Traffic Signals Timed for Bicycling

Here is an interesting bike infrastructure story out of Copenhagen, Denmark. 30,000 Cyclists Get the Green Wave:

Cars and especially buses have for year had the benefit of a green traffic light wave on the roads. But now it is the cyclists turn to enjoy a smooth ride through the city without stopping at red light writes the e-newsletter "News from Copenhagen – Environmental capital of Europe".

Recently the first ‘green wave’ bike route has been inaugurated to the satisfaction of 30,000 cyclists, who use the bike lane on one of Copenhagen’s busiest streets, Nørrebrogade.

"My ambition is to turn Copenhagen into the best bicycle capital in the World. An obvious step is to regulate traffic to the benefit of the Copenhagen cyclists," says Technical and Environmental Mayor of Copenhagen, Klaus Bondam.

The green wave is the first of its kind and traffic light is adjusted to give cyclists a continuous ride if they travel 20 km/h. "It is a rational and sensible speed to pedal, as both children and elderly can keep the pace," says Klaus Bondam.

The green wave stretches over a distance of 2.5 km and it will only take 7½ minutes to travel the distance whereas longer before. The green wave also means that it does not pay off to travel faster as the cyclist eventually will encounter red light.

The green traffic light wave is regulated towards the city between 6.30 and 12.00 and out of the city between 12.00 and 18.00. "At the moment we are looking for new stretches, where green waves are possible solutions to improve conditions on Copenhagen’s many cyclists," says Klaus Bondam. Everyday the Copenhageners cycle 1.2 million kilometres.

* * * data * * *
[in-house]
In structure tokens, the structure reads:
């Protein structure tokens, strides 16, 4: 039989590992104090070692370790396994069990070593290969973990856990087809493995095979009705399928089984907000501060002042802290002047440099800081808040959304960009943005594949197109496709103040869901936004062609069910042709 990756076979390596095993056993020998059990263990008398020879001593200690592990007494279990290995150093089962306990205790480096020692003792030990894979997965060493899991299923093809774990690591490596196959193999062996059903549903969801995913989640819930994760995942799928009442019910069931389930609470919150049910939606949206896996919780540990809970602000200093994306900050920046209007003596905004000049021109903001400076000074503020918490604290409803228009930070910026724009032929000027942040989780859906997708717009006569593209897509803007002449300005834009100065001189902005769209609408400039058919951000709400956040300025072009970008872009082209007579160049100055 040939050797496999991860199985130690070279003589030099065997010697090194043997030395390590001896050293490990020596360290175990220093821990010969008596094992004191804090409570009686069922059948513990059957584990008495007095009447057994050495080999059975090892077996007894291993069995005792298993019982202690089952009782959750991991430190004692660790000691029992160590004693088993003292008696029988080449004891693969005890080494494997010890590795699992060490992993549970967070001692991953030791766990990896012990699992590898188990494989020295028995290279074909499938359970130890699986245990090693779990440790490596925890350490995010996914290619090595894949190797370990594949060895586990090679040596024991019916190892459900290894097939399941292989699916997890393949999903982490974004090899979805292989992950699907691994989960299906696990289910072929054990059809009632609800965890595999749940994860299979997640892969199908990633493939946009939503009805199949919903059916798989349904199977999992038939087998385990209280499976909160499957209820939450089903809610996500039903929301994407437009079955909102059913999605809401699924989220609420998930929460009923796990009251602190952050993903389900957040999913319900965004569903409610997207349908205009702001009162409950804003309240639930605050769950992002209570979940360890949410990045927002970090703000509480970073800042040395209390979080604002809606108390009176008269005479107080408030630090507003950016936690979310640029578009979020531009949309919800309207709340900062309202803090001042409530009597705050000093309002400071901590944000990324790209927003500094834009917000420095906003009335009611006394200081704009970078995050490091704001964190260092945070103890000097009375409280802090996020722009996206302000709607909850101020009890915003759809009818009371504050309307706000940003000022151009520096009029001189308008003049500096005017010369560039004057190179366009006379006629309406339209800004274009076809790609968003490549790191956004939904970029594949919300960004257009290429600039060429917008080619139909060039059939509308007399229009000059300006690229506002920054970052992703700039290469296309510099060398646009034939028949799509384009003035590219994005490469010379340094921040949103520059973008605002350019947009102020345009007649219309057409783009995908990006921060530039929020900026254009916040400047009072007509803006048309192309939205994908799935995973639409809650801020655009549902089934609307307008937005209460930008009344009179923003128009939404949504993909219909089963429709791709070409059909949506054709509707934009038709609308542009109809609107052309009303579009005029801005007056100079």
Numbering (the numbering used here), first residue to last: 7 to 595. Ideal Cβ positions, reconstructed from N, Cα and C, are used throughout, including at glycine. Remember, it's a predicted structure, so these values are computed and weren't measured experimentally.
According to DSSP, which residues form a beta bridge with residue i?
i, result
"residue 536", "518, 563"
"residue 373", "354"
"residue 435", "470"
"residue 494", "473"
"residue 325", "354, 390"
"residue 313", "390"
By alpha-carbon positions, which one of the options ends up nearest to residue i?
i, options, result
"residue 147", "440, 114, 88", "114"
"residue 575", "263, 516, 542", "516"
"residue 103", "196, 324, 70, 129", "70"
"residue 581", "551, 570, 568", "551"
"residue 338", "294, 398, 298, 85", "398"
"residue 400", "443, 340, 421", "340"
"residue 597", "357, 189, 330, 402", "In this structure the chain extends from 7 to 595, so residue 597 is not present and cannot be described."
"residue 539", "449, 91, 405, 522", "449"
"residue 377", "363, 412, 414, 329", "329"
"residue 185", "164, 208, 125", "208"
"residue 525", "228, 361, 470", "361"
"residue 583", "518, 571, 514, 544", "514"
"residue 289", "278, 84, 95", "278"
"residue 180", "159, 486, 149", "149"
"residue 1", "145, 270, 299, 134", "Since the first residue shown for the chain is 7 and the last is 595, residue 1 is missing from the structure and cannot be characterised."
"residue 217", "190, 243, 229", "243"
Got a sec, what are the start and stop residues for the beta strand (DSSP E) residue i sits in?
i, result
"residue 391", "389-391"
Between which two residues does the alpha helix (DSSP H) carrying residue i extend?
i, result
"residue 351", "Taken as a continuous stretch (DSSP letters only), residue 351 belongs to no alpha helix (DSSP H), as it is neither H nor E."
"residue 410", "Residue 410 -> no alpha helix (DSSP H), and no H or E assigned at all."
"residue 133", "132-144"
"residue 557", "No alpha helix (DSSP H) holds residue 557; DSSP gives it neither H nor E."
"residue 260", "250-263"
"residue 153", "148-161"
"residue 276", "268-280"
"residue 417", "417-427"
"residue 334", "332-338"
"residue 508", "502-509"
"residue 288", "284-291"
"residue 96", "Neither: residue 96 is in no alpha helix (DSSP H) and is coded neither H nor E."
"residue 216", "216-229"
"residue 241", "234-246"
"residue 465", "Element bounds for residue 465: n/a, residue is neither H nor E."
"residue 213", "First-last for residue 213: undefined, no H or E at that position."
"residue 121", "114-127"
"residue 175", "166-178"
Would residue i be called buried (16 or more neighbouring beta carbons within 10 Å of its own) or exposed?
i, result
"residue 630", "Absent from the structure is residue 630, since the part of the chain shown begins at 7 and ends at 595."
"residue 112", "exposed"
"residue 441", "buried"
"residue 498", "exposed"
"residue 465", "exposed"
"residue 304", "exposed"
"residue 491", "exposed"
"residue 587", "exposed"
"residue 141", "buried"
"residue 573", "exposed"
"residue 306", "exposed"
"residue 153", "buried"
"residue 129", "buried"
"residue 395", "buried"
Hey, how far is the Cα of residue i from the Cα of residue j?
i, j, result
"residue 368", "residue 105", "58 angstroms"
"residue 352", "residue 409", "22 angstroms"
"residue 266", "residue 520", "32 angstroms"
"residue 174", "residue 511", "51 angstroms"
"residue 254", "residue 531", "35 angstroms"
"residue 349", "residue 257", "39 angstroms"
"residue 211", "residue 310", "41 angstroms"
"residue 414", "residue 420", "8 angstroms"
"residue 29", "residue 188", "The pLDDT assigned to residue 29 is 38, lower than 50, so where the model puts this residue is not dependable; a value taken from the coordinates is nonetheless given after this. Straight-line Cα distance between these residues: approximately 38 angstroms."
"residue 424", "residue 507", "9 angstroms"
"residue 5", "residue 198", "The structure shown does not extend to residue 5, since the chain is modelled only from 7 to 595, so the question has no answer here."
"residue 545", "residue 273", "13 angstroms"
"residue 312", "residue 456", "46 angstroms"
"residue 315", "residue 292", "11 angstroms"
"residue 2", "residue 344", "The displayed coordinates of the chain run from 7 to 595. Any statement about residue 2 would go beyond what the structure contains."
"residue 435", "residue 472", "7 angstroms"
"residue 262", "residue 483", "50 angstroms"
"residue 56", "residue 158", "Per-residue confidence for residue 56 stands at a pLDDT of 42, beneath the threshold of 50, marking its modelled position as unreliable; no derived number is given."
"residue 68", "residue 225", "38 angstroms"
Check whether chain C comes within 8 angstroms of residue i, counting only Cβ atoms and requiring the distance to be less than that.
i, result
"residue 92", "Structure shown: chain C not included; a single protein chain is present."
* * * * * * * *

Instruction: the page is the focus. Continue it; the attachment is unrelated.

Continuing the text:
ALSO ON STREETSBLOG

Notes on Bicycling in Copenhagen

|
Copenhagen, Denmark is not a natural bicycling city. In the early 1960’s it was very much of a car town. In 1962 the city created its first pedestrian street, the Stroget, and every year since then Copenhagen has allocated more and more of its public space to bicycles, pedestrians and people who just want to sit […]

How to Plan Good Cities for Bicycling

|
Editor’s note: This is the final installment in our series this week featuring Danish architect and livable streets luminary Jan Gehl. The pieces are excerpts are from his book, “Cities for People,” published by Island Press. Donate to Streetsblog and Streetfilms and you’ll qualify to win a copy of the book, courtesy of Island Press. […]

Should I Wear a Helmet Today?

|
The Naparstek boys riding last year’s Summer Streets event… wearing helmets. Sarah’s "Too Much Emphasis on Safety" post yesterday brings up the question in the headline above. A Canadian Broadcasting TV crew doing a documentary on biking is filming me as I take my two sons to school on our Dutch cargo bike today. While […]